DEAR HARRIETTE: I live in a garden-style apartment with eight units. Recently, a middle-aged couple with their 20-something daughter moved in below me. I introduced myself to them and welcomed them to the building. Just about every night, I smell something highly spicy like Indian food, and it fills my apartment. It is coming from my new neighbors. The odor is offensive to me. We live in a warm climate, and the air conditioning is normally on. This does not help. How do I diplomatically approach this subject with them? -- Suffering Smells, Miami
DEAR SUFFERING SMELLS: This may be one of the biggest challenges you will face, because you are offended by smells that define that family's culture. I'm sure they have no idea that the aroma of their foods could be anything but alluring to anyone who might smell them. Interestingly, the same thing could be happening for them, depending upon the type of cuisine you prepare in your home.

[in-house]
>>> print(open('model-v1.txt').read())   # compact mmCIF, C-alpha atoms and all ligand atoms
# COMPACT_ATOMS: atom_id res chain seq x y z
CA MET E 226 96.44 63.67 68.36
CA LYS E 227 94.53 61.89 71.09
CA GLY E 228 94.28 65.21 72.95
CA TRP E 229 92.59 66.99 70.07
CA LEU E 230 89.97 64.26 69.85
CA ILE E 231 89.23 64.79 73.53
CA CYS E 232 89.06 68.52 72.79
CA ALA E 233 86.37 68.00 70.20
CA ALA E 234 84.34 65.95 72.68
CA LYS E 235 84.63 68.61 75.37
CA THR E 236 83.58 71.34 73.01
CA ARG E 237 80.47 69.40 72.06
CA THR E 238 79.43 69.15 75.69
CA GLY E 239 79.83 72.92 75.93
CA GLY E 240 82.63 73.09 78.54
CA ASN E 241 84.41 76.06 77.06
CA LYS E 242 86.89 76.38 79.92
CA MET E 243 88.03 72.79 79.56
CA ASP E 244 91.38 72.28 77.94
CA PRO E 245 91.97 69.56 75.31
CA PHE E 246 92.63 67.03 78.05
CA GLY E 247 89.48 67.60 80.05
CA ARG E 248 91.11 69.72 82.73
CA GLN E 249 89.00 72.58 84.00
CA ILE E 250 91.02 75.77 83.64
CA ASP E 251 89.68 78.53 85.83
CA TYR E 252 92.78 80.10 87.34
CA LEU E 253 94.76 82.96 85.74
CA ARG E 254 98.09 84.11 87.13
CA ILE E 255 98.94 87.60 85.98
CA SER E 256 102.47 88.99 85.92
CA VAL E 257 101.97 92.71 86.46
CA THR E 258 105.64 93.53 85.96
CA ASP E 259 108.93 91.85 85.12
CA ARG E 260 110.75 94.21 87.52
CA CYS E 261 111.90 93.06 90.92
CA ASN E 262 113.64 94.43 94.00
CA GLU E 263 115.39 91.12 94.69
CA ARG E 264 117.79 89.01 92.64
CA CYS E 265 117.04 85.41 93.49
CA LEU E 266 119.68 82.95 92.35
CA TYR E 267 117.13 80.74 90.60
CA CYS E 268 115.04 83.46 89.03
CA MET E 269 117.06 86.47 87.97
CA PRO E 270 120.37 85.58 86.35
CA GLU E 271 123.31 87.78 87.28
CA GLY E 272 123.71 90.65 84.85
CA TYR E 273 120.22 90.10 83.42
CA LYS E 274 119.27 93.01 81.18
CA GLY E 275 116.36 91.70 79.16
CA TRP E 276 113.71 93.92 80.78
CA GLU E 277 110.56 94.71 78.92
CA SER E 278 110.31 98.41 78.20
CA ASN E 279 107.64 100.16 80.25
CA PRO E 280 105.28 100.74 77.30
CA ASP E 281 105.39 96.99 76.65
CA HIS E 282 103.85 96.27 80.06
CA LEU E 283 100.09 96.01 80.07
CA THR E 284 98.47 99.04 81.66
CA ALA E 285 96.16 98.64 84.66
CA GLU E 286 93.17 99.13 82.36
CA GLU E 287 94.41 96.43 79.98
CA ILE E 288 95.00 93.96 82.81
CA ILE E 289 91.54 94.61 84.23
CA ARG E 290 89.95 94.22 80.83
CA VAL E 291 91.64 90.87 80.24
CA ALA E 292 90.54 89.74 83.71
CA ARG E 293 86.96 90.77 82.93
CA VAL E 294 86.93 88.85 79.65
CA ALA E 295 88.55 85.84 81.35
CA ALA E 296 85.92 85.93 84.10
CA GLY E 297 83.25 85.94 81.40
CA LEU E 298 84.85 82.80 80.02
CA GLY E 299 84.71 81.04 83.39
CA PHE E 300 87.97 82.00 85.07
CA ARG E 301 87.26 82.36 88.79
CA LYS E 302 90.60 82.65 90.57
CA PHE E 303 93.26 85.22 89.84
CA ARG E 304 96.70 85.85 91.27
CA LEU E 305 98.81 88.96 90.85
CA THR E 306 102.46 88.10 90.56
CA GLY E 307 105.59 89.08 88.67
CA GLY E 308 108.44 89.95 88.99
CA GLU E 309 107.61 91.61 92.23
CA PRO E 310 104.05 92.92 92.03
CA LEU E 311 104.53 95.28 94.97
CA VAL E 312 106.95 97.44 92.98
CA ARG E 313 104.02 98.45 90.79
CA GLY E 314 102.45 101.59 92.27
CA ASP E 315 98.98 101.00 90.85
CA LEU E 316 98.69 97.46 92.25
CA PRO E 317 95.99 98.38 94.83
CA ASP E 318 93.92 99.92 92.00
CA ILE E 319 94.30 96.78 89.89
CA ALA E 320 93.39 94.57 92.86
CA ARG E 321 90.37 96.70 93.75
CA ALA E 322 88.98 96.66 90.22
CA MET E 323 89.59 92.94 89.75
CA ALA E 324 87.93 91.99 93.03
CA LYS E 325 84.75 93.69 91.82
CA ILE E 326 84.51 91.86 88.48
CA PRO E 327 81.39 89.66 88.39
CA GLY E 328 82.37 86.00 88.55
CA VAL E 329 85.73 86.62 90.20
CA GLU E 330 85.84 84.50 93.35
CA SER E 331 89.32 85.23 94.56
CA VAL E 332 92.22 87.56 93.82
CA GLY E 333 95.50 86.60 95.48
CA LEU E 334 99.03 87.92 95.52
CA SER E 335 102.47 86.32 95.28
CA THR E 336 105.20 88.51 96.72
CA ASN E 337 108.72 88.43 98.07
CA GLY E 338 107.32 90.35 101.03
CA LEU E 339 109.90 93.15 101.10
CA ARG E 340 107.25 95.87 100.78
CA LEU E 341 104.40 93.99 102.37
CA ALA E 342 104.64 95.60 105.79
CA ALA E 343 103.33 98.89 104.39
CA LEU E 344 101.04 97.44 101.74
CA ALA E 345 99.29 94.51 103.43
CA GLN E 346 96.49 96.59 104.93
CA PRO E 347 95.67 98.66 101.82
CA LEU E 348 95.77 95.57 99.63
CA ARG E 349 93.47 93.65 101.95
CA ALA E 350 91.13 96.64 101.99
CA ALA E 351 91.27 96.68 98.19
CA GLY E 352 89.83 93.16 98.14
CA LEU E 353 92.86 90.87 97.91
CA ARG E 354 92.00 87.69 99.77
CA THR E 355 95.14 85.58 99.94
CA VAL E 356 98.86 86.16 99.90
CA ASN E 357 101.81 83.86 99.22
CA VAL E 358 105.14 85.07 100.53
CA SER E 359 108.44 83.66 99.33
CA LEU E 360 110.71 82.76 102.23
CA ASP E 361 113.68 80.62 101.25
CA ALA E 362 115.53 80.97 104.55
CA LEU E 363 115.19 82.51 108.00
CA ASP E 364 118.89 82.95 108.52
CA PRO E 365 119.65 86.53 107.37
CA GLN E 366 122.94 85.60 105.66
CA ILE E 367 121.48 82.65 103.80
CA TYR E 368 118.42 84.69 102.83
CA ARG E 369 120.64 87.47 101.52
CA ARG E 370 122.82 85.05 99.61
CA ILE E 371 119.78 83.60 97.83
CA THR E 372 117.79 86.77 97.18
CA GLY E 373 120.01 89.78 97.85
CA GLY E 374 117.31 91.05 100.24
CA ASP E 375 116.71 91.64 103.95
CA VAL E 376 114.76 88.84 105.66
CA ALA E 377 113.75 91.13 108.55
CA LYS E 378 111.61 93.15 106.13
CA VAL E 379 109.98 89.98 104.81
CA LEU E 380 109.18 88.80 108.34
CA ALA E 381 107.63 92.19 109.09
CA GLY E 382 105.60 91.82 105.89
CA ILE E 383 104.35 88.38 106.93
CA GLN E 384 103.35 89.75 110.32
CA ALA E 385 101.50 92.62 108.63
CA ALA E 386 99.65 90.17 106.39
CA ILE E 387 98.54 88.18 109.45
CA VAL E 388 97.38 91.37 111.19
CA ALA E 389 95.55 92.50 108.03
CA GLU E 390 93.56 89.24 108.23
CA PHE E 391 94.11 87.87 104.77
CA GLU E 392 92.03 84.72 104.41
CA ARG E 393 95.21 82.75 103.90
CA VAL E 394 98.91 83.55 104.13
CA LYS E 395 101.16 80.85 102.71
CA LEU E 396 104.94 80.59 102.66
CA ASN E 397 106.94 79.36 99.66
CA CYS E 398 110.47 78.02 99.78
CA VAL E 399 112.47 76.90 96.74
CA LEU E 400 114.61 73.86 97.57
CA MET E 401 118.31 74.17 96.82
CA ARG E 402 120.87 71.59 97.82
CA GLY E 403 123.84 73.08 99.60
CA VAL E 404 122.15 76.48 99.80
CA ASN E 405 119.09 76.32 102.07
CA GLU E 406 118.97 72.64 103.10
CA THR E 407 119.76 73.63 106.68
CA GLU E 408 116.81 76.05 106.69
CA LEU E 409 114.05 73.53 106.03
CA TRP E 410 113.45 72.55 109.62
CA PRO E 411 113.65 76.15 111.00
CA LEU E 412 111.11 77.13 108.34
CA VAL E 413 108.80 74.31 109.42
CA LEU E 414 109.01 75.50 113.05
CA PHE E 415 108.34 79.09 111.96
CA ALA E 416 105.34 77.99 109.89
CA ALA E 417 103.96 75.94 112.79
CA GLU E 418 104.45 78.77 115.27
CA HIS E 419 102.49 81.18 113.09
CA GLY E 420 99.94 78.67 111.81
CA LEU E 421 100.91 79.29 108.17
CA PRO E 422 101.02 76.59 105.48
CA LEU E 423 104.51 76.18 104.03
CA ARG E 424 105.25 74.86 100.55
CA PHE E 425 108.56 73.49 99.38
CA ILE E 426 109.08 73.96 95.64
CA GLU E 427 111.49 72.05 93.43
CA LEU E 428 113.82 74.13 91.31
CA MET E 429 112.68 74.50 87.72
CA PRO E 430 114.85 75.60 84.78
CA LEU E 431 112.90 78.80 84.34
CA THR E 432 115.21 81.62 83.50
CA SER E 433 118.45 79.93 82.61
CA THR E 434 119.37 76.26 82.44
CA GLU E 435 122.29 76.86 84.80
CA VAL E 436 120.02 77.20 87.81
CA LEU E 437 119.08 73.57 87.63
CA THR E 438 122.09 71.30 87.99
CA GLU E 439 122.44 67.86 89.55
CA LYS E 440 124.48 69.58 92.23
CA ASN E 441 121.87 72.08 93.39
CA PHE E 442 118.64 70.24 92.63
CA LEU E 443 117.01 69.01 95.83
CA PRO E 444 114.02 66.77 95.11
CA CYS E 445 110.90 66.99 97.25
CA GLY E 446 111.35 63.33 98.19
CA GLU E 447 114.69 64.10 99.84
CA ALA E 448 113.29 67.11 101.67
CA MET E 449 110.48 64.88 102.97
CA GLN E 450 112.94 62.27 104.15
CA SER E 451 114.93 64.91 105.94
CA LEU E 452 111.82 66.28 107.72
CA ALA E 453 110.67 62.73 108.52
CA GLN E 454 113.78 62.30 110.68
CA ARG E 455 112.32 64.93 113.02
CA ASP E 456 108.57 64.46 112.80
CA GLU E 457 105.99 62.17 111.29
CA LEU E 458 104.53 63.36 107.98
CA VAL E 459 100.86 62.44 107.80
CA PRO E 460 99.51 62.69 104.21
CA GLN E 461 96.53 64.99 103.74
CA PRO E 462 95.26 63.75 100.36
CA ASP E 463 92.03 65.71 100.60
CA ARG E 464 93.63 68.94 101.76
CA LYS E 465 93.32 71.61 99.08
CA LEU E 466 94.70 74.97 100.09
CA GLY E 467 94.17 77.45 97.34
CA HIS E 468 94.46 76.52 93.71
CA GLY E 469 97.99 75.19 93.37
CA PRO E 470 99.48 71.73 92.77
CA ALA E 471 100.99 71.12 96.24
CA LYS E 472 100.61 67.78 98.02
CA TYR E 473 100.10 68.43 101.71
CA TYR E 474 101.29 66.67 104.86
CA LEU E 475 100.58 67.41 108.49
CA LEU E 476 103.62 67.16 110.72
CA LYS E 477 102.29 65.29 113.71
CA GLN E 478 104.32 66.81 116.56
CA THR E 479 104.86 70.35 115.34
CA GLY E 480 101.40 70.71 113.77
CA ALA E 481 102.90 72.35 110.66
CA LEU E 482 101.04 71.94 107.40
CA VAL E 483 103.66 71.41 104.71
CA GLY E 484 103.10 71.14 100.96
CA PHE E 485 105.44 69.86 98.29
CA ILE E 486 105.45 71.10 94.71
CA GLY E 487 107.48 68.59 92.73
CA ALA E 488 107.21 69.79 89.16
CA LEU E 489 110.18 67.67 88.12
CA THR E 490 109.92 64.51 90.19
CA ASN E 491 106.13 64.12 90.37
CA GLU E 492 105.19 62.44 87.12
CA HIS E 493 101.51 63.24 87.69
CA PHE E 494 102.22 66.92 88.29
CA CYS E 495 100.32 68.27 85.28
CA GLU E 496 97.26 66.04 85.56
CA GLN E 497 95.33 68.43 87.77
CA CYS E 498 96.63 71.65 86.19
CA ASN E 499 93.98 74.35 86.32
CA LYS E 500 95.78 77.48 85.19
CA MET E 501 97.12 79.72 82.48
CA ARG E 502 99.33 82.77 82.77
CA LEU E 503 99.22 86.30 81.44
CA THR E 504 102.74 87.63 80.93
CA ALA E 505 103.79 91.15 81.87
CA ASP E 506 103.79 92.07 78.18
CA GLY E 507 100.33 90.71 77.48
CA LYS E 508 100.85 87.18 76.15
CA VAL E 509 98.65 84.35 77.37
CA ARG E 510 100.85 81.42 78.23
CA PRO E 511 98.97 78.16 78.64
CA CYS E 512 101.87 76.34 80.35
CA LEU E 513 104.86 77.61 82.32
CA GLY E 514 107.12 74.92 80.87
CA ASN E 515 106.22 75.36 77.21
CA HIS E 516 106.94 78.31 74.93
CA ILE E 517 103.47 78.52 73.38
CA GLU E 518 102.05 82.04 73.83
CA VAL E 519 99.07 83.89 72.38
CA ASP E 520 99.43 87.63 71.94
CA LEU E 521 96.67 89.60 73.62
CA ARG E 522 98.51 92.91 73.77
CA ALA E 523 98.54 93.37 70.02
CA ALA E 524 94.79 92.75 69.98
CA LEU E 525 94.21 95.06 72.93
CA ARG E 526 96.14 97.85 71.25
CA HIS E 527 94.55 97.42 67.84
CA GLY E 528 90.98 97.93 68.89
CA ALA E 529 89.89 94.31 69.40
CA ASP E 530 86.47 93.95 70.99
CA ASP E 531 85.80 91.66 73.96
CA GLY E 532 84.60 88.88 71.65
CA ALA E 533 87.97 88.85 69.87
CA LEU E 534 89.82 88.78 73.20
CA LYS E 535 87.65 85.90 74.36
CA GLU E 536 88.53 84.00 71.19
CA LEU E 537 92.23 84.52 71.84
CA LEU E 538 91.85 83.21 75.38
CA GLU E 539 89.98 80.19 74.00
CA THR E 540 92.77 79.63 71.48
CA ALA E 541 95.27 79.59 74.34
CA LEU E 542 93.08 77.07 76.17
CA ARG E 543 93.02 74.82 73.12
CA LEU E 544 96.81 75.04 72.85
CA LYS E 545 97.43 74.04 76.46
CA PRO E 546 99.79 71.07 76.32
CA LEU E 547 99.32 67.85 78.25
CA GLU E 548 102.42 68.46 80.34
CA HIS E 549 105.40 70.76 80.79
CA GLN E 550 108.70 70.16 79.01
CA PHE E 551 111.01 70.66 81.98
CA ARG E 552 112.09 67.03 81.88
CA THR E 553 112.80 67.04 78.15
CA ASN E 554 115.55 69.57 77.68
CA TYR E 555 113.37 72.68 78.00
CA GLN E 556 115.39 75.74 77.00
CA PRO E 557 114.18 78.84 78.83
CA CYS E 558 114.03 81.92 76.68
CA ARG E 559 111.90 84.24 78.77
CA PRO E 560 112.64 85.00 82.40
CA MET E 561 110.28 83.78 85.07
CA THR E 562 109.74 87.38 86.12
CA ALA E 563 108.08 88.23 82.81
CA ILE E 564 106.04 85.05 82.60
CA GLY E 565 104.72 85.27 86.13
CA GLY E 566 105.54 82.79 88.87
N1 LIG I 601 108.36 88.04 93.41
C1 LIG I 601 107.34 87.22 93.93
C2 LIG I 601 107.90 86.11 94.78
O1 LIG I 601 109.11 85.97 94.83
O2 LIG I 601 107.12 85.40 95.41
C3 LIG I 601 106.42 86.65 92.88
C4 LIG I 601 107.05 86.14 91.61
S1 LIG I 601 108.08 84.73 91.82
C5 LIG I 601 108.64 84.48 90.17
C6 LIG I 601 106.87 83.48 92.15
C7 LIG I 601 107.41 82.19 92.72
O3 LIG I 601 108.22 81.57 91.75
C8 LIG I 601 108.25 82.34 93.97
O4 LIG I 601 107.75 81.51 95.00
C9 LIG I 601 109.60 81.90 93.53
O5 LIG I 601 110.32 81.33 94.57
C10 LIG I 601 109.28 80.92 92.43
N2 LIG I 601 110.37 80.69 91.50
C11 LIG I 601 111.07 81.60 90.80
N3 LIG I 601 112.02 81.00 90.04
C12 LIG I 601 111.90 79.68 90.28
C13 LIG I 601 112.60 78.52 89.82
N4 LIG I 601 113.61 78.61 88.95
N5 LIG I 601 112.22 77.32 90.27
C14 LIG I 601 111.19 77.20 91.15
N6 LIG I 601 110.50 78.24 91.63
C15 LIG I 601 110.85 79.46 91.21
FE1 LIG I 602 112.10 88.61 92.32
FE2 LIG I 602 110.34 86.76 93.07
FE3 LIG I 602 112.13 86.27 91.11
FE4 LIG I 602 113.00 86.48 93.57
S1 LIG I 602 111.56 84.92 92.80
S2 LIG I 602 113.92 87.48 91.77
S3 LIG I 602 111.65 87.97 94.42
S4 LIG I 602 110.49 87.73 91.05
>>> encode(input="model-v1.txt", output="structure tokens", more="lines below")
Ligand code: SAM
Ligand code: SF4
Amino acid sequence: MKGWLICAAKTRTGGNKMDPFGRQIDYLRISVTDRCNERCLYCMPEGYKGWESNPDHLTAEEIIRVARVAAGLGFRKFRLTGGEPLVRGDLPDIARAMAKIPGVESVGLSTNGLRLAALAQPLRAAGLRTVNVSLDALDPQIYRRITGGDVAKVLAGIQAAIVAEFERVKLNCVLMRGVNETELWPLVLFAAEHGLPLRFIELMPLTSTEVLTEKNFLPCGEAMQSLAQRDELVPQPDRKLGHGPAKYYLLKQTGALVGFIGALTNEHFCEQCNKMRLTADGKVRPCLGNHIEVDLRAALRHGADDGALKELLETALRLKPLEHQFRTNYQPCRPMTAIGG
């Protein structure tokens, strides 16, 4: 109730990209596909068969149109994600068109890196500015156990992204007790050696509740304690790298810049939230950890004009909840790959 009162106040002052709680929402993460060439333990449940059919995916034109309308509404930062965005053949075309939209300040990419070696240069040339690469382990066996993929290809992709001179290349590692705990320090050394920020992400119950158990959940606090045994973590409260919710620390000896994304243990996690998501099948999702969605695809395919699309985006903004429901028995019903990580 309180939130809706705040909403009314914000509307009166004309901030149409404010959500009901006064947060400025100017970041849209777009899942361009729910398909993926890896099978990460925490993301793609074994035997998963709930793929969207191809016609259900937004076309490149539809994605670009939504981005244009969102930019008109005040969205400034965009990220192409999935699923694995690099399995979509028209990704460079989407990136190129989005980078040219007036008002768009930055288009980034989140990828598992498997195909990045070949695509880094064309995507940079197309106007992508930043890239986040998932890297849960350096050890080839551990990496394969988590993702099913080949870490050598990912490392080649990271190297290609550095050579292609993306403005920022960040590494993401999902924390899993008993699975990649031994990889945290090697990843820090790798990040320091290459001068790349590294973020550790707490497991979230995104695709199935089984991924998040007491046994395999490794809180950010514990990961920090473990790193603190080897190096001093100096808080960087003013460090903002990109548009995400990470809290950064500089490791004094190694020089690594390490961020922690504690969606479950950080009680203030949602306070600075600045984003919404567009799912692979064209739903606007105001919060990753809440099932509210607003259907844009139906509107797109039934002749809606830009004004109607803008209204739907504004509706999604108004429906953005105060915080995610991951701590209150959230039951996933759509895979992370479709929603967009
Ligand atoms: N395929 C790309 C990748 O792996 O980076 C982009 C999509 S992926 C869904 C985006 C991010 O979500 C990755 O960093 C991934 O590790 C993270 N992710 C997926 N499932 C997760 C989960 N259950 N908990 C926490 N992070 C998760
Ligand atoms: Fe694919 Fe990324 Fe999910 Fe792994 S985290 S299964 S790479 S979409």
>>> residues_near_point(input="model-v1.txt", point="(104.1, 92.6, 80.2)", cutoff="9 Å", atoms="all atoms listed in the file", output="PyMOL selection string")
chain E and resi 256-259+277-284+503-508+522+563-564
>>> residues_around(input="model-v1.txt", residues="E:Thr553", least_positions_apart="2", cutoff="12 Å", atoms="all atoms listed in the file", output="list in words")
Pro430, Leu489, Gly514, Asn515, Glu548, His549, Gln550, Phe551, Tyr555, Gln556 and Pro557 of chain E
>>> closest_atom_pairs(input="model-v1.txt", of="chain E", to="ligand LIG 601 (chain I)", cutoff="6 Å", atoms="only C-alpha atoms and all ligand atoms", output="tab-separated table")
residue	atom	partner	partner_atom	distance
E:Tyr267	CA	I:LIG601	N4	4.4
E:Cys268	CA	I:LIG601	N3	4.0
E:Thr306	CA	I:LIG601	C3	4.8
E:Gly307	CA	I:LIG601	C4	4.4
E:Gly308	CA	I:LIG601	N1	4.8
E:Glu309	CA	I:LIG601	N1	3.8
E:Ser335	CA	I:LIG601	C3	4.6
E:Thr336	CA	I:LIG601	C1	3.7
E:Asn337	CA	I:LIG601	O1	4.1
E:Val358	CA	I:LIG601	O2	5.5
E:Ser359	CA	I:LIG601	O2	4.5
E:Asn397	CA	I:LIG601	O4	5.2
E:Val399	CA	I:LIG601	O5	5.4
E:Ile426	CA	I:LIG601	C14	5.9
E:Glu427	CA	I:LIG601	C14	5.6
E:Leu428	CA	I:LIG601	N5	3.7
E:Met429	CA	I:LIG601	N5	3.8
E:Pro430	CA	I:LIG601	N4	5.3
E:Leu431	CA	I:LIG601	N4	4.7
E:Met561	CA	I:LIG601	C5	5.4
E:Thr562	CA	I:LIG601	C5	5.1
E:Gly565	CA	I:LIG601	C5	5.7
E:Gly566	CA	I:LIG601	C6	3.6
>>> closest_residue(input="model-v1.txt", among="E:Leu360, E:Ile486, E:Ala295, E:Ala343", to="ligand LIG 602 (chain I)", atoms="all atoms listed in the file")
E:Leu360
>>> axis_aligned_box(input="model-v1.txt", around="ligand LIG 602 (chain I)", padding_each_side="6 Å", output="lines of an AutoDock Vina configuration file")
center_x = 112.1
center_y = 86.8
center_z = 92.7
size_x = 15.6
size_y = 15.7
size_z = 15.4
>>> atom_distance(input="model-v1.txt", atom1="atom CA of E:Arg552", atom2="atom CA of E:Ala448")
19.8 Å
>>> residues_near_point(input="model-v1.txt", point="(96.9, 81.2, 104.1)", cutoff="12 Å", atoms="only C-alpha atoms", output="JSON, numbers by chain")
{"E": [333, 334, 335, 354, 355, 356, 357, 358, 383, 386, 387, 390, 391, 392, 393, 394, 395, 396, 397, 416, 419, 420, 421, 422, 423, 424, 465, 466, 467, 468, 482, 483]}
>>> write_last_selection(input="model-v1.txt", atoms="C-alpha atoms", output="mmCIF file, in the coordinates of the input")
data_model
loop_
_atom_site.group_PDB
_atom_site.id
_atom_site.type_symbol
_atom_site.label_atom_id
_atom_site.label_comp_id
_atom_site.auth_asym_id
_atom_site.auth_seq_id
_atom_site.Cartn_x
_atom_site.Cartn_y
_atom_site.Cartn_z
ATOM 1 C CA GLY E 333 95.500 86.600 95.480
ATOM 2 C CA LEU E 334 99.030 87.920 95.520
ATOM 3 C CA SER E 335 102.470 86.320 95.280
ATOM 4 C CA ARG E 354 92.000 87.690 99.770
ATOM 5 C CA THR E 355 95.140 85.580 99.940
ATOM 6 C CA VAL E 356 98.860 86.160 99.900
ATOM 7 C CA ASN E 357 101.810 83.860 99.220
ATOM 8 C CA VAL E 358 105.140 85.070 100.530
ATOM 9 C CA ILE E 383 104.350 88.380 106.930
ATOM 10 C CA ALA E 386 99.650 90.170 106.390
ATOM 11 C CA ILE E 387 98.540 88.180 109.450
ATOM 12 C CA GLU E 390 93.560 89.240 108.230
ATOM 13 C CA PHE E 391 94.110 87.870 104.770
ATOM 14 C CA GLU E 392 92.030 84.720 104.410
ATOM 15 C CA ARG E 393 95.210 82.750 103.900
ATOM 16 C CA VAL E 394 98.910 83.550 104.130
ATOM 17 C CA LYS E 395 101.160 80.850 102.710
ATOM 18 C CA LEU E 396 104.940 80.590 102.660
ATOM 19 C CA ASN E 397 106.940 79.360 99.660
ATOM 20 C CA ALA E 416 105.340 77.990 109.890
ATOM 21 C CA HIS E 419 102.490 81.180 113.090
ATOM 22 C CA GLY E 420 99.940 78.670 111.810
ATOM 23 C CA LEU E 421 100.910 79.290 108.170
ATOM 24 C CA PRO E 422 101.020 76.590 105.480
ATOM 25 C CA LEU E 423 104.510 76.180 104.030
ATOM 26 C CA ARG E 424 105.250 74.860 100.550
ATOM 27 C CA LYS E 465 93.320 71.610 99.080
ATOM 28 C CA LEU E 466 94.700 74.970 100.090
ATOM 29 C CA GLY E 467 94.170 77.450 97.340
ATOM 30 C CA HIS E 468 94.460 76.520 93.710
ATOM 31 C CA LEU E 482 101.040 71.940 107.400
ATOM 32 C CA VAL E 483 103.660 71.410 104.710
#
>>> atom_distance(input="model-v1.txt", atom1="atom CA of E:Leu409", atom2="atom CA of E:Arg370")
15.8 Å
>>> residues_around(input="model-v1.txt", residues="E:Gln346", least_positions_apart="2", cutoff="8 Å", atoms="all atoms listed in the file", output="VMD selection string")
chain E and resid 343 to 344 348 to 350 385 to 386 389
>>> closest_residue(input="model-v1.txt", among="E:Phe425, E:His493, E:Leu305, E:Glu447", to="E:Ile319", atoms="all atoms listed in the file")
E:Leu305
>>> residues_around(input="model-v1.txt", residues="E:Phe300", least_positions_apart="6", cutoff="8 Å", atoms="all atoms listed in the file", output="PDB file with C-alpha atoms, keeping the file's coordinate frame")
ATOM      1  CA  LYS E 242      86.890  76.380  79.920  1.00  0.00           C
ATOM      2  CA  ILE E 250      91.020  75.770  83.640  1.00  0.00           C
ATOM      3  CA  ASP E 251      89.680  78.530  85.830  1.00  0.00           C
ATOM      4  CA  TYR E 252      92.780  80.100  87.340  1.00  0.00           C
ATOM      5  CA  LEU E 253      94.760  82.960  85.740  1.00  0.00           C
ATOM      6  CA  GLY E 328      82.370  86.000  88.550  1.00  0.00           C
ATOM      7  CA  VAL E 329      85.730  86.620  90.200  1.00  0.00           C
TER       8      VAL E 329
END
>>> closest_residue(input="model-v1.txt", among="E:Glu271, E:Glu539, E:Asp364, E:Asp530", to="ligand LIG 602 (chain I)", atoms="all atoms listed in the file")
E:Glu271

That said, the best that you will likely get is a compromise; if you speak to them about the strong smells emanating from their kitchen and ask if they can diminish them in any way, they may agree not to cook with the strongest particular spices on a daily basis. But the smells are not going to go away. When broaching the subject with them, you can mention that you realize that they are cooking their native foods, which are strong for your nose. Ask if they will consider using a fan that extracts smells and pushes them out the window.
You may want to invest in one yourself. A home remedy that some have found useful is putting white vinegar in a dish on your counter to help absorb the smell. Citrus candles can help, as can Febreze candles.